What Happens if your Sponsor Withdraws your I-130 Petition?

Your sponsor cannot usually withdraw an accepted I-130 unless fraud was involved. For cases still pending, a letter can be written to the USCIS to withdraw the application. In addition, a VAWA self-petitioner can get around a spouse who is trying to withdraw an I-130.

There are two main types of immigration petitions—those for family based immigration and those for employment based immigration. In a previous blog, we covered what could happen, or what might need to happen, if you have to withdraw an I-140 petition for an intended immigrant employee seeking to work legally in the United States (due to a change in ones role or company they would be working for). In addition, there is also the case where an I-130 can be withdrawn, which corresponds to family based immigration and the petitioner writing a letter to the USCIS.

In most cases, if an I-130 is withdrawn by the sponsor before the USCIS has finished adjudicating the case, it will be dropped and the immigrant will unfortunately have to start from scratch. However, in some cases, such as those who are VAWA self-petitioners, can file an I-360 if their spouse decides to ends the petition. We will cover what this scenario looks like. 

How Long does it take to Withdraw I-130?

Once a petitioner sends their written statement to the USCIS about withdrawing the application on behalf of their beneficiary, it takes the agency on average 1-3 months to process the withdrawal and send a formal decision letter back to the respective family. Applicants should note that there is no standard processing time for this procedure as you are technically not “filing” any new application. Therefore you will be unable to check the usual USCIS processing times link or file a G-1145 with this letter.

What Happens if you Declare VAWA Status?

In some cases, a spouse might cancel an immigrant petition on behalf of their partner as an abusive practice. Although this is not the norm, it does happen, and immigration lawyers have seen cases where the intended beneficiary can go on and self-petition themselves for a green card. In such an example, the VAWA was enacted by Congress in order to cut the original petitioner out of the picture and allow the spouse and/or battered children apply for permanent residence on their own. This is done through the completion of the I-360 (instead of I-130).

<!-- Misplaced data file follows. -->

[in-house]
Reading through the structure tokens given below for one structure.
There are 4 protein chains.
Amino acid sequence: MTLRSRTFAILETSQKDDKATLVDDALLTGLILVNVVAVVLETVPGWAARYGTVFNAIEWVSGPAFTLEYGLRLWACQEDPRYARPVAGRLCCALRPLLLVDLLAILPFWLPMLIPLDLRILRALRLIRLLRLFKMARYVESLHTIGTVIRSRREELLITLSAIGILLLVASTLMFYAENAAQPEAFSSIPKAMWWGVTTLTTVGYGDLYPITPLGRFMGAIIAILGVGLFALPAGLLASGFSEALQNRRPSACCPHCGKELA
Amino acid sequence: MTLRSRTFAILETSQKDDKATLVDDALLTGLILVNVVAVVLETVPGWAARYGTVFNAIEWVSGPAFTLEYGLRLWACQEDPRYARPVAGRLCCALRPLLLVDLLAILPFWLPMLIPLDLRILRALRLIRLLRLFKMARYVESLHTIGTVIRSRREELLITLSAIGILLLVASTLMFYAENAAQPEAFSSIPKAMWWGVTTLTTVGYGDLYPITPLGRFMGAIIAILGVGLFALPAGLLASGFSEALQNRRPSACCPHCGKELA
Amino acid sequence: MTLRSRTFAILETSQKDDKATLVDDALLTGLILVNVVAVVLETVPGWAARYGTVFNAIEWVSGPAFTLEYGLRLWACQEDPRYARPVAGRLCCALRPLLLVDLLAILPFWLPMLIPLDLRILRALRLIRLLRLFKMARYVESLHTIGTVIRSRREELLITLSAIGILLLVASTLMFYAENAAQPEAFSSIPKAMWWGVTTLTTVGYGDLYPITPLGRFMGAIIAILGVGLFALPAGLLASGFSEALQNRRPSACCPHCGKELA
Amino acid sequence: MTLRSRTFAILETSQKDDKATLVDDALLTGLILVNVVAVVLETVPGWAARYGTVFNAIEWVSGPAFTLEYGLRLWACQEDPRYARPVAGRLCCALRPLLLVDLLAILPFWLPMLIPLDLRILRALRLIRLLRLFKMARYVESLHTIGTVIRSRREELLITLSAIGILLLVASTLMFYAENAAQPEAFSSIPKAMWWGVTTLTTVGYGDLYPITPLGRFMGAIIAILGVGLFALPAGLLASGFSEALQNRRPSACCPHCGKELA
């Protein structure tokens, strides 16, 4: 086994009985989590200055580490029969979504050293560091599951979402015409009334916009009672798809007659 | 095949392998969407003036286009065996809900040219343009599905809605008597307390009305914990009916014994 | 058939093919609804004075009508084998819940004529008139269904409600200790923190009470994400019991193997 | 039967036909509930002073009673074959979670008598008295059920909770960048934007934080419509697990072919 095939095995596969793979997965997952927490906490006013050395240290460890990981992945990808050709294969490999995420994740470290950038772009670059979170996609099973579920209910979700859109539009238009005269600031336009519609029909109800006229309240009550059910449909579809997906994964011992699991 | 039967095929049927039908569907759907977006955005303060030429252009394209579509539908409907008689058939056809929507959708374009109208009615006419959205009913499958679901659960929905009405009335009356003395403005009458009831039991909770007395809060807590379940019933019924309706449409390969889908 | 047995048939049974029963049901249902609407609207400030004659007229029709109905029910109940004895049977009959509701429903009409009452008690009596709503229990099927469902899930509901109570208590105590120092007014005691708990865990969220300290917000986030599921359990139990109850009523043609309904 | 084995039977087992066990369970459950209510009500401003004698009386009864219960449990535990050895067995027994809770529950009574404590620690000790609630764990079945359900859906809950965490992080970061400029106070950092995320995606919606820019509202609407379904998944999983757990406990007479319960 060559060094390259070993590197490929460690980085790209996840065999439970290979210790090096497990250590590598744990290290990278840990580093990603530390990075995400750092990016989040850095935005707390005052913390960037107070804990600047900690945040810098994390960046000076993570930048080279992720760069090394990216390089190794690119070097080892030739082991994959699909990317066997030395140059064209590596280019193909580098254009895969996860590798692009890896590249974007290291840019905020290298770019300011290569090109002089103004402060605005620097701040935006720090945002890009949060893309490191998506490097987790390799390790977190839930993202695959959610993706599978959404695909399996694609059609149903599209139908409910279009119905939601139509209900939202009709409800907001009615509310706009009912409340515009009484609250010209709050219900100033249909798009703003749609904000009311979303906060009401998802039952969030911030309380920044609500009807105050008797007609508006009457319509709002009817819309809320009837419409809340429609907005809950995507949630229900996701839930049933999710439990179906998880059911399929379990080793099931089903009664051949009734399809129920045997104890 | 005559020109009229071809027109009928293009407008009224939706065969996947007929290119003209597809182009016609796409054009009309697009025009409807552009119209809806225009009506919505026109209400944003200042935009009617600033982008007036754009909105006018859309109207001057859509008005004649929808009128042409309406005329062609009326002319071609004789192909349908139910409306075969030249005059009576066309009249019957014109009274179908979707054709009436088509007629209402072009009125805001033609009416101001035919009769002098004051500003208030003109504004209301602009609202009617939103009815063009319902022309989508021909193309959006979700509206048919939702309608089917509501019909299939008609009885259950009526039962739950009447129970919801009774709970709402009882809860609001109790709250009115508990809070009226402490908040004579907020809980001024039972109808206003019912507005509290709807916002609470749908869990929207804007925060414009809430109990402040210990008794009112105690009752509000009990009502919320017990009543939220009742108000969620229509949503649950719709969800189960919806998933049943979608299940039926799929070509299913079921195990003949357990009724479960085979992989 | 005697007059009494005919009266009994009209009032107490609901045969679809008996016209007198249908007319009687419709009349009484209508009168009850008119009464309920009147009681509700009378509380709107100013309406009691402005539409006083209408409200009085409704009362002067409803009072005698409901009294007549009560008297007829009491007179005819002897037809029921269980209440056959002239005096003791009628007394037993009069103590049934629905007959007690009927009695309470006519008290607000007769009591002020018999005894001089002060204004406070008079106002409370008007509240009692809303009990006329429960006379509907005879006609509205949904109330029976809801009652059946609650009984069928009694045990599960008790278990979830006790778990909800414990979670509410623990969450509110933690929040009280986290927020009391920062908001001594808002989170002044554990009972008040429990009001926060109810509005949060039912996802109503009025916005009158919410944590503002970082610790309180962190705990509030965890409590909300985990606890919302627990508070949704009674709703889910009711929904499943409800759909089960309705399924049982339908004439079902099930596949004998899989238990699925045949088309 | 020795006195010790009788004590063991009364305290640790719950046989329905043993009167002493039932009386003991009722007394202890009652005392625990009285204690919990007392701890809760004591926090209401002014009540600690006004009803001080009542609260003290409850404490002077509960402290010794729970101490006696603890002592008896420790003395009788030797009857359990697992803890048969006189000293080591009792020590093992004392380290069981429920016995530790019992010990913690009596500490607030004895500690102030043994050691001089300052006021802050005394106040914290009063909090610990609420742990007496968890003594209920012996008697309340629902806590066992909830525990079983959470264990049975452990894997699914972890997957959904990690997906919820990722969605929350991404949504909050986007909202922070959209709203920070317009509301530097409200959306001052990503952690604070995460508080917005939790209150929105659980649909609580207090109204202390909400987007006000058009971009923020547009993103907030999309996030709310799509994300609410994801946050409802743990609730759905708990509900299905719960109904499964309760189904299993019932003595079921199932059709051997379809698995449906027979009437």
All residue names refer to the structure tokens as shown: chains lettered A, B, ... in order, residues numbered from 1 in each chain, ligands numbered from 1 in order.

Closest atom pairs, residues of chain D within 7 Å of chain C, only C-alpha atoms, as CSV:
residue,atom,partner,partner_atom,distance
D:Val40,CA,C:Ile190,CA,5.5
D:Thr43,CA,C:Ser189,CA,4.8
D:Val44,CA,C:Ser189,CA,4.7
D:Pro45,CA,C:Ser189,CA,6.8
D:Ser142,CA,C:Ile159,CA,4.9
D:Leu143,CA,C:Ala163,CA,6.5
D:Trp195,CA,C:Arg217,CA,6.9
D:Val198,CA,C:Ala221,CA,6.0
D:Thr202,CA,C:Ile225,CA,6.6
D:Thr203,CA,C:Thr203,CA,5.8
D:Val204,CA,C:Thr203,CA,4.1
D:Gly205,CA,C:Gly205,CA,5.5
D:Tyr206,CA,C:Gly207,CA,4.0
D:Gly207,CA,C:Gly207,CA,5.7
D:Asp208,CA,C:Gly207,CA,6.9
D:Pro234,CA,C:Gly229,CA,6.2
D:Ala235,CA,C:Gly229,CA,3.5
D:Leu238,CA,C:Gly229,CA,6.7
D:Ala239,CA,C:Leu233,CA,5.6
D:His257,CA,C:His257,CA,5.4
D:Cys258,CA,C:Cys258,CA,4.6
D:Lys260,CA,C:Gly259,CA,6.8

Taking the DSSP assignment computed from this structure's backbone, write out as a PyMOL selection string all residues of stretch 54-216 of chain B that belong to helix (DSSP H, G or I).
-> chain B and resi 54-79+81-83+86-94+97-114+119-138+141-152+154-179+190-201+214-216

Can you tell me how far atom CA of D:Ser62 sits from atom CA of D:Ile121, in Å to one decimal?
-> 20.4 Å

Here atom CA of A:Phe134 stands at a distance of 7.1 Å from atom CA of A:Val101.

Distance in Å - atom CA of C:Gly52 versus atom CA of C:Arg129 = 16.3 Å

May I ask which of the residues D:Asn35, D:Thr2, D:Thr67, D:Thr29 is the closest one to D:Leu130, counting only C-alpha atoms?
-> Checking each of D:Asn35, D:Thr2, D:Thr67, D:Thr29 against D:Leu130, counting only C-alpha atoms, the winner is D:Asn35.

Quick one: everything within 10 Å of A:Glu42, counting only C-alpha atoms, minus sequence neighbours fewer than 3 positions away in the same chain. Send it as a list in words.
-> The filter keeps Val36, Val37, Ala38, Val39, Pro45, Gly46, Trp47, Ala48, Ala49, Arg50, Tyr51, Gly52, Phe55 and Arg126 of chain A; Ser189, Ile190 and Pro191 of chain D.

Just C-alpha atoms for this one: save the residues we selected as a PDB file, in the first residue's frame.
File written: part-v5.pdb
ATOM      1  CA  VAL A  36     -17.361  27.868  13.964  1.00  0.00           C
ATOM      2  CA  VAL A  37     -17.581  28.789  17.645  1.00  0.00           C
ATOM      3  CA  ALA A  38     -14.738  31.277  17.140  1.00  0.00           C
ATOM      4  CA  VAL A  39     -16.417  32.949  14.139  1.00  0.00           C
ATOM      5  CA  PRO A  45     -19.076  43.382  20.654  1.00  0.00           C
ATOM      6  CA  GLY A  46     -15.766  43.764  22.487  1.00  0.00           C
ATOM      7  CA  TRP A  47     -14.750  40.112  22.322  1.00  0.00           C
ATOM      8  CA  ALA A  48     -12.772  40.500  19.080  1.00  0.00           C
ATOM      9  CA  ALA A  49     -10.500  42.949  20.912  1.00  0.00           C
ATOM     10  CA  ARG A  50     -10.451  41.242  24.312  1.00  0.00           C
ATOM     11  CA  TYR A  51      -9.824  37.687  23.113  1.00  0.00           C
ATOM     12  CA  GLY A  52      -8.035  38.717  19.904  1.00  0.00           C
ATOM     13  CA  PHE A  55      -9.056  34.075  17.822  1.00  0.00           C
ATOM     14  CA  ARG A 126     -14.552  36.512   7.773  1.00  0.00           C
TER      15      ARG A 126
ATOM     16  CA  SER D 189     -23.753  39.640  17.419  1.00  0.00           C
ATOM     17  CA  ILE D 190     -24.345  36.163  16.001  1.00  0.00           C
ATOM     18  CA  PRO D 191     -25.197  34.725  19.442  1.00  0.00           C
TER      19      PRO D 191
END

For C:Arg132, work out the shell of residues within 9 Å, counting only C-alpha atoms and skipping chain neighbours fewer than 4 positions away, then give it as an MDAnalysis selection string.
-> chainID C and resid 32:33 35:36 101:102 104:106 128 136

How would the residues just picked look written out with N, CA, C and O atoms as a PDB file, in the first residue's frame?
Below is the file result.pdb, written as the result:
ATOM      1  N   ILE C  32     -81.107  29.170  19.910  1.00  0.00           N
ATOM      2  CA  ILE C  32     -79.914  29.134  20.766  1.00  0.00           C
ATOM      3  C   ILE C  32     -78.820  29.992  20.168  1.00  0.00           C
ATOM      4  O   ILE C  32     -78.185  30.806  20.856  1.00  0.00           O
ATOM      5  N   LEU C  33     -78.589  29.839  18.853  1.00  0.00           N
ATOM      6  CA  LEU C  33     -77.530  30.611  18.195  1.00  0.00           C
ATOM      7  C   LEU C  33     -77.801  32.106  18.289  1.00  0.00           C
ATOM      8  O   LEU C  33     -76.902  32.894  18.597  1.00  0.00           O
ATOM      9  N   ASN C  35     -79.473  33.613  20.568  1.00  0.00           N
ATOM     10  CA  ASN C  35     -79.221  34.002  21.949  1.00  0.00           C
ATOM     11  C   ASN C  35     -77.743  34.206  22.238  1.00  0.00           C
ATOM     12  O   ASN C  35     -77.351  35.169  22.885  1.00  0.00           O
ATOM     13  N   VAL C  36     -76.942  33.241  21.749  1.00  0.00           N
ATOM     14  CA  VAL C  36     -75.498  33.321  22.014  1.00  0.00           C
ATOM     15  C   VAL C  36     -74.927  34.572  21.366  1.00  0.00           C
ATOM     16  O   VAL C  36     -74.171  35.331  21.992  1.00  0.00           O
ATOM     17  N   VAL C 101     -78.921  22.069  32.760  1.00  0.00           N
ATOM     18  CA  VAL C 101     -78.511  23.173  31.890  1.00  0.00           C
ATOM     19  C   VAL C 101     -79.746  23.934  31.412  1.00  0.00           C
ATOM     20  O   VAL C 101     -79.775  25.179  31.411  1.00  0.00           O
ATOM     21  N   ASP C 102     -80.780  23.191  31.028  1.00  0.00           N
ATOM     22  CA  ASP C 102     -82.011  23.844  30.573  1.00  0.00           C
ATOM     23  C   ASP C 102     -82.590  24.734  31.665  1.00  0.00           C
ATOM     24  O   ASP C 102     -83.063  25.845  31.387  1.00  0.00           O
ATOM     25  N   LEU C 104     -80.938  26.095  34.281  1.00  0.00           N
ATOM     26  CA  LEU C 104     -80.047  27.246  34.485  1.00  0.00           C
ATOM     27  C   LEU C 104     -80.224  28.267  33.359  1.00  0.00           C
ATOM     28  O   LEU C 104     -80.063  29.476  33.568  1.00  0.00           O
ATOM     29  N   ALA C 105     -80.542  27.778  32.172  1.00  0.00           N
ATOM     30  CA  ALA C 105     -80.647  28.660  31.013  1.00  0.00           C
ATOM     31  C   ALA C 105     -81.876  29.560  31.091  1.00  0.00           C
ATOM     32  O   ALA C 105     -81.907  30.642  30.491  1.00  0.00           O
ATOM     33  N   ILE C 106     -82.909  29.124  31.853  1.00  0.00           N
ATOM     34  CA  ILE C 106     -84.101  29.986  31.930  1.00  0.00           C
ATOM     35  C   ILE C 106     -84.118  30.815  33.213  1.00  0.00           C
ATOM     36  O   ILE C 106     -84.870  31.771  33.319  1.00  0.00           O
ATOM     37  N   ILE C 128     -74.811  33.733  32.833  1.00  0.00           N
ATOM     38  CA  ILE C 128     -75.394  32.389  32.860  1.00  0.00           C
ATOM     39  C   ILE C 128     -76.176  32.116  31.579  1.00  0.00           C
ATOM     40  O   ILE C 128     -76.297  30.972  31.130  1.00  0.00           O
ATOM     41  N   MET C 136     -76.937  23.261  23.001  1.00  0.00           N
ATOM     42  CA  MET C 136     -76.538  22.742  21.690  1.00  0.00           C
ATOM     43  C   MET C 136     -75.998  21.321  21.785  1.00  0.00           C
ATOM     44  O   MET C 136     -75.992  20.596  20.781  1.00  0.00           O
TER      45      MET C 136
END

Regardless, the VAWA self-petitioner now needs to show the USCIS a good amount of evidence in order to have their temporary status approved:

  • Documents proving their current or existing status in the U.S. (EWIs will be denied)
  • Evidence of their abusers status, documentation to back up claims
  • Proof of relationship and good faith marriage before abuse was taking place
  • Proof of taking up residence with abuser, and current U.S. residence
  • Evidence of otherwise good moral character

For those who are caught in the VAWA process, it is important to know that when the USCIS does send you an I-797 with your VAWA status, this does not mean that you are now a legal resident of the U.S. Rather, beneficiaries will now have to wait for a priority date to see when they can secure an immigrant visa. This follows the long queues based on what category you are filing under. Luckily, however, the U.S. government is lenient on VAWA recipients, and those who have been granted this status will most likely not have to leave the U.S. to await their visa interview at a U.S. consulate. Instead, they will be placed in a “deferred action” status, and can apply for an EAD in the meantime.

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H-1B Visa

H-1B Visa

H-1B visa is used by businesses and organizations in the United States to employ foreign nationals with the preferred qualifications, knowledge, and expertise in a role.

I-485 Adjustment of Status

I-485 Adjustment of Status

Submit a form I-485 application to apply for lawful permanent resident status.

National Interest Waiver (NIW)

National Interest Waiver (NIW)

An applicant must either hold an advanced degree or have an exceptional ability in their field that would substantially benefit the U.S. to be qualified.